Simply giving students material and holding them accountable for digesting it wasn’t a viable model. UNR was a stakeholder in the success of everyone who used their online classroom to serve real clients and their families around the state; outcomes were practical, not just grades and test scores. The faculty behind the curriculum of these programs were collaborating with the Nevada DCFS to determine areas of need, both on behalf of the clients, and of the social workers serving these families. They couldn’t drop the ball when it came to delivery.
The UnProject at UNR took questions of accountability head-on, because the very nature of the program was to solve a problem. Solving that problem required innovation, which meant the instructors were creatively designing course materials and accommodating their delivery platform in the interest of finding what worked best–not just adding bells and whistles for the sake of modernity or bragging rights.
Feedback was instant and continuous. The instructors learned what worked, what didn’t, and what had the biggest impact on the social workers in the field. They also helped these workers bridge the mental gap to see the new platform as a tool for them–not a novelty, and not a half-measure, but an evolving response to a felt need.
The best part was, their most effective tools weren’t something they had to purchase, or build from scratch: they were the basics already built-in to their Blackboard platform. They were free to focus on disseminating best practices and responding to their students, rather than troubleshooting with an unwieldy, untested new system.
Where You Start Informs Where You Go
This foundation in practice, in problem-solving, and in going from state bureaucrats to rural families and workers, underscores what is now the online social work degree at UNR.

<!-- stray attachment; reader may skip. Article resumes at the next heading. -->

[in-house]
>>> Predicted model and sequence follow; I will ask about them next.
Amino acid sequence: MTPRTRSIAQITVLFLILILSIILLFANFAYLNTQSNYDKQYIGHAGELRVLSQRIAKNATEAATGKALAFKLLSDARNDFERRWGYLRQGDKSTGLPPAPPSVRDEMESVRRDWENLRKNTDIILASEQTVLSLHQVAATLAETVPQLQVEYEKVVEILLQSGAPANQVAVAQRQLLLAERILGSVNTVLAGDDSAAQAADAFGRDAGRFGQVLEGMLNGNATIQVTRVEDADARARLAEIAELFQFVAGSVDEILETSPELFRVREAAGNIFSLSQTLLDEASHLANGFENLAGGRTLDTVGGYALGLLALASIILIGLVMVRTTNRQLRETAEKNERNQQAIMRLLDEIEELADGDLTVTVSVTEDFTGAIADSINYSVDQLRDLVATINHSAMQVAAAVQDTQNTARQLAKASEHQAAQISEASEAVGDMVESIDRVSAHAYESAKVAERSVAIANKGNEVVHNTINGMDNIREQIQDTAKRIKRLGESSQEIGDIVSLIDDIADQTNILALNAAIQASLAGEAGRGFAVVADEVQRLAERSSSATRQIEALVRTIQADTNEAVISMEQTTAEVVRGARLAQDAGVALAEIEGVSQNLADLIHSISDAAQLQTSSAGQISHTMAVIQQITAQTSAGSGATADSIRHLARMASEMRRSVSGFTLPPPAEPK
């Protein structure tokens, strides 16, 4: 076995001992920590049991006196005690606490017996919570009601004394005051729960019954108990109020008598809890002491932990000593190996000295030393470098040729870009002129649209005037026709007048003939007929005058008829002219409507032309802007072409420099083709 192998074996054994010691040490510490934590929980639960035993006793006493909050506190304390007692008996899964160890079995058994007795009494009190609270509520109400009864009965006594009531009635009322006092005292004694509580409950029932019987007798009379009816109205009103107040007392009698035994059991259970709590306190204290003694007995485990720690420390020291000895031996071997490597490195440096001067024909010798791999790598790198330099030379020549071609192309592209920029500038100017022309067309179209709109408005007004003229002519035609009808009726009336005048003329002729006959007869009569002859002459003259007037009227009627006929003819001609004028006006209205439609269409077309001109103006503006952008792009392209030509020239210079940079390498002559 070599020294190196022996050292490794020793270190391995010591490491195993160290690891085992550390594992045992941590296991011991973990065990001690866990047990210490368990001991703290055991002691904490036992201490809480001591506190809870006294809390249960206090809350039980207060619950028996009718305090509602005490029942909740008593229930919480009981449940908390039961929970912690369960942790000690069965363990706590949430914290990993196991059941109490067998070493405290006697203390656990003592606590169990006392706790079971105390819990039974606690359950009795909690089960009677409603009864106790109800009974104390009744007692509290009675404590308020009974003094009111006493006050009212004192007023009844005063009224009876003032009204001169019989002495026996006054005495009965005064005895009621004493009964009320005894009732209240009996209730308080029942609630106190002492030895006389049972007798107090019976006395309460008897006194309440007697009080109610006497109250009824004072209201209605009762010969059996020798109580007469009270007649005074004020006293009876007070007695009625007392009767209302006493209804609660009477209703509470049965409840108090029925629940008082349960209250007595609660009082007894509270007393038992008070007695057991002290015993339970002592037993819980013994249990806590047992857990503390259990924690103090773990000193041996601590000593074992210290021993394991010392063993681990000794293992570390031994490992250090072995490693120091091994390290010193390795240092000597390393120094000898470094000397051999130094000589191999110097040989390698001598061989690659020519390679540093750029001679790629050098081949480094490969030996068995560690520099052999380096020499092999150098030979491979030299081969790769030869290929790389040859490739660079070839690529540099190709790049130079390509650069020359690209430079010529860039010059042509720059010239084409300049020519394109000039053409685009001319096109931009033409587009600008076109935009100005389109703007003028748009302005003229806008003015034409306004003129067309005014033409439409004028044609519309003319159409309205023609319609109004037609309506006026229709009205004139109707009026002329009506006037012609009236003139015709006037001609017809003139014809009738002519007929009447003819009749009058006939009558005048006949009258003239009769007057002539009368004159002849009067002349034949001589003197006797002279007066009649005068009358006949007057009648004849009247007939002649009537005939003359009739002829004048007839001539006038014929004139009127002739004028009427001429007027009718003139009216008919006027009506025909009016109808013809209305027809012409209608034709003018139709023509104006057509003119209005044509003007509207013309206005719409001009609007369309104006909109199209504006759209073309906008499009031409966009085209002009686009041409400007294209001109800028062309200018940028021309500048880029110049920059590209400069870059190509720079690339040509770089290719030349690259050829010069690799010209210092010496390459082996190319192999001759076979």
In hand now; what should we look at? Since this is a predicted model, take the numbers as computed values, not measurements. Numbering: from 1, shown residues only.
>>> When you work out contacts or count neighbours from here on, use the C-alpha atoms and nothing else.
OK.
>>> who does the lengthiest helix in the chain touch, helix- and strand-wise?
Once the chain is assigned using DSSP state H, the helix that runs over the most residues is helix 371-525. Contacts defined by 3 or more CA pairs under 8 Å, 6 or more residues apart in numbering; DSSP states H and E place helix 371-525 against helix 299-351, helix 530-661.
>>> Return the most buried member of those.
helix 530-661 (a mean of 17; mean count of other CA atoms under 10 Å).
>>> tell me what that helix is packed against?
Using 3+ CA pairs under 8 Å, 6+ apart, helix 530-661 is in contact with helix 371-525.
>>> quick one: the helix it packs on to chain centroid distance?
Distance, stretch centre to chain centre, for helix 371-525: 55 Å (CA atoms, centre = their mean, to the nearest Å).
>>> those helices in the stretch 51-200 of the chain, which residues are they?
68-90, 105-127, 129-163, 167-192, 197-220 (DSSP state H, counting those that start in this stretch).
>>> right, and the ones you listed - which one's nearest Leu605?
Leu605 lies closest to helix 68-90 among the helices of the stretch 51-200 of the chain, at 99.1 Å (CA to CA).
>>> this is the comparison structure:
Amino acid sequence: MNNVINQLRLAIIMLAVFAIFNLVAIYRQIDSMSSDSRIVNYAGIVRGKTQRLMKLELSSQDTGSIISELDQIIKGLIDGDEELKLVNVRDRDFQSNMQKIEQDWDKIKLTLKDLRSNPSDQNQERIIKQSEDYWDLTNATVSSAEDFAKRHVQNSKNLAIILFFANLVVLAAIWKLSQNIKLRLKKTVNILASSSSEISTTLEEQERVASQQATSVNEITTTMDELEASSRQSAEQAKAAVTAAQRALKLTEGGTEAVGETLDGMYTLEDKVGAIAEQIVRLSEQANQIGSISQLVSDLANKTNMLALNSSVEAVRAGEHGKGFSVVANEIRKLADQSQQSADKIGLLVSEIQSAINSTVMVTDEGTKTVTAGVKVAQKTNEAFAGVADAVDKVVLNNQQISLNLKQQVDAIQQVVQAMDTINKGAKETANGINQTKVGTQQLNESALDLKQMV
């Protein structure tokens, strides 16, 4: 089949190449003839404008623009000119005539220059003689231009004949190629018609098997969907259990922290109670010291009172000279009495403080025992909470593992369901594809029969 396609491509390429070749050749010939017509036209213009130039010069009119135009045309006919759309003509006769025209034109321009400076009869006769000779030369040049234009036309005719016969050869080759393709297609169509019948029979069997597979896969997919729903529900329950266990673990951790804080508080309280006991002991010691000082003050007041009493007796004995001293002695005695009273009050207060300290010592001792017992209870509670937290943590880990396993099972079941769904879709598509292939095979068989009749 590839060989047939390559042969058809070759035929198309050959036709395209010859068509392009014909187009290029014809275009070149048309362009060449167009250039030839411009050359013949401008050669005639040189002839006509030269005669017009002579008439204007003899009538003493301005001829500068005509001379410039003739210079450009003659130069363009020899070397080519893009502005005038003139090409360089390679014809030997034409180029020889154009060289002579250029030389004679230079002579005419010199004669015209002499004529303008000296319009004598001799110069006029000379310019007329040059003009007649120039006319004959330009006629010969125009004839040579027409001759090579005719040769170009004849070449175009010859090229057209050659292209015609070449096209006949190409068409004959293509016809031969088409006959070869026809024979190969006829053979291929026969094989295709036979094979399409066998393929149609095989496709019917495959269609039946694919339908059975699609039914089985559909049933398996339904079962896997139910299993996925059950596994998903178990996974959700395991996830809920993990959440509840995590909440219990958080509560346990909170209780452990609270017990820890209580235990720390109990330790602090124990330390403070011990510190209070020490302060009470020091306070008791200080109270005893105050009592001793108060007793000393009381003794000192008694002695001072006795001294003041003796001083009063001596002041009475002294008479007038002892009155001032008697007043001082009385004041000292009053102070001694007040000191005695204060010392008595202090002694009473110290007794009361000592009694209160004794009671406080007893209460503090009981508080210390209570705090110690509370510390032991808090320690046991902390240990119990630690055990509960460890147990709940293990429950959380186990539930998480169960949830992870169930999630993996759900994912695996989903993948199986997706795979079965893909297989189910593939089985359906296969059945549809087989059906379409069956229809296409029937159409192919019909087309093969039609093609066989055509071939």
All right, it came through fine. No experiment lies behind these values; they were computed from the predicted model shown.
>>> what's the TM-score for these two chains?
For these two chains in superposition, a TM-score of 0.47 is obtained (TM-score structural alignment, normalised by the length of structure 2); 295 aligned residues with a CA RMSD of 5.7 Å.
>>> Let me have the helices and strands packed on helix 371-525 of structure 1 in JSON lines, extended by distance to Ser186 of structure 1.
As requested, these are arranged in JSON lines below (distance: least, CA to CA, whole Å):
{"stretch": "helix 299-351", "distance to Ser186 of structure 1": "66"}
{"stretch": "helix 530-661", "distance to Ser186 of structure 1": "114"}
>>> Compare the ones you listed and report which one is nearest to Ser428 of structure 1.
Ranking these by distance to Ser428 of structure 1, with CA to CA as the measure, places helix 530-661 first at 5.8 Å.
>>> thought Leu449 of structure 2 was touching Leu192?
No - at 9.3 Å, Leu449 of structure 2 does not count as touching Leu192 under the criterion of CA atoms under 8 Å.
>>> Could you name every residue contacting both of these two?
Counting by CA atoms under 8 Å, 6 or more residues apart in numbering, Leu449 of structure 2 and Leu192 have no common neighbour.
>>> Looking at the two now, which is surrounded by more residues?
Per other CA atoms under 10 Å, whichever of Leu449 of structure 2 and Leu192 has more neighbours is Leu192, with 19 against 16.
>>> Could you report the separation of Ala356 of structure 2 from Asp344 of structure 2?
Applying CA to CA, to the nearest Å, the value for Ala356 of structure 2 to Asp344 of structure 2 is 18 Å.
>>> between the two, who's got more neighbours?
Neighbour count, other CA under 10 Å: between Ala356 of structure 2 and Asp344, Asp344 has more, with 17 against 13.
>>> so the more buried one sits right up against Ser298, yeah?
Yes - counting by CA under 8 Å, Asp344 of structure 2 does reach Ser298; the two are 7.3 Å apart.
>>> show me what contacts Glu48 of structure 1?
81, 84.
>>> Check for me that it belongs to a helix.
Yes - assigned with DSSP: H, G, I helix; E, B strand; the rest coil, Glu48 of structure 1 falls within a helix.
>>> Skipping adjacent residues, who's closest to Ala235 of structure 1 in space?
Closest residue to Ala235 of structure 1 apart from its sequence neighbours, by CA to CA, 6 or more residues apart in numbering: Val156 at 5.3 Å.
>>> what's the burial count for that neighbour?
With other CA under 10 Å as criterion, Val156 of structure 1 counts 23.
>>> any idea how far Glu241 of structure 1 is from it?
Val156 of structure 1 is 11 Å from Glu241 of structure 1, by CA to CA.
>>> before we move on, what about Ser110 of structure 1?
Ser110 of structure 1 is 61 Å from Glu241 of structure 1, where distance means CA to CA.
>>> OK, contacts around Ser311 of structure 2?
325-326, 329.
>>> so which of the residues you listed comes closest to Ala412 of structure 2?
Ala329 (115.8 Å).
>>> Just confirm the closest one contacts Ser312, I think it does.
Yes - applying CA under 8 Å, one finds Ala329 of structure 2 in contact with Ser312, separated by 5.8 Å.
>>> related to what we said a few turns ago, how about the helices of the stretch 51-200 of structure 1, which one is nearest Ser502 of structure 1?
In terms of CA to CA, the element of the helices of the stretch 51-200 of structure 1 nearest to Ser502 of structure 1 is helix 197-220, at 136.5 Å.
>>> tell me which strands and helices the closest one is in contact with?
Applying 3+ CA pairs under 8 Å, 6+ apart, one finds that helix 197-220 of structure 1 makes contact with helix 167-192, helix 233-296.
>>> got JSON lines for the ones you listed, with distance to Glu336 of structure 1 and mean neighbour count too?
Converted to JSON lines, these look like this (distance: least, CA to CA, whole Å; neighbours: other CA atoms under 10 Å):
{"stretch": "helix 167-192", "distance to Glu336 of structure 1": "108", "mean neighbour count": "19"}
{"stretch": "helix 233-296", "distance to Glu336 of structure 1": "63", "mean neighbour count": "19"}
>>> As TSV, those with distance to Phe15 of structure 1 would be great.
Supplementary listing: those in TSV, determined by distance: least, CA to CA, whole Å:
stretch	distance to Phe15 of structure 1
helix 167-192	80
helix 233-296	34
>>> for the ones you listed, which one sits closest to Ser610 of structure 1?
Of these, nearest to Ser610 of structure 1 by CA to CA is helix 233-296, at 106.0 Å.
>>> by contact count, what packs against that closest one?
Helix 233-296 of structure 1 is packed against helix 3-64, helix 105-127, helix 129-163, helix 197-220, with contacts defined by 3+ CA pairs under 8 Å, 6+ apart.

Yes, it is still just another online degree–but the faculty and resources that power the program are as much a tool of the state government as they are a product delivered to paying students. The program grew from something solving a problem, to a pathway to certification. This is the broad sort of model that makes education meaningful and resilient–not just incorporating the latest gimmicks.
A focus on problem-solving answers more questions than simply format and packaging: rural child welfare workers are not looking to put feathers in their caps by taking online classes; these are professionals on the fringes of society (literally: Nevada is a huge state with many rural, impoverished, and marginalized communities and families). That means the curriculum, the materials, and the medium are all, by necessity, whittled down to what works.
It wasn’t a PR stunt. The people who benefited from the new system were in no position to publicize the success story. It was a case of educators doing what they do best, and the domino effect that results from effective instruction.
What is Valued
Online education can solve similar problems even for those who aren’t out in the field or limited by the realities of rural life. Non-traditional students–adults, working professionals, drop-outs, parents–have long lived and worked on the margins of higher education, unable to gain the credentials to validate and certify their skills, knowledge, and experience, to fully participate or reintegrate into the professional workforce.
When schools look at these potential students not just as enrollment figures and dollar signs, but real people with real needs and a capacity to solve problems themselves, the value of a degree and a school are maximized.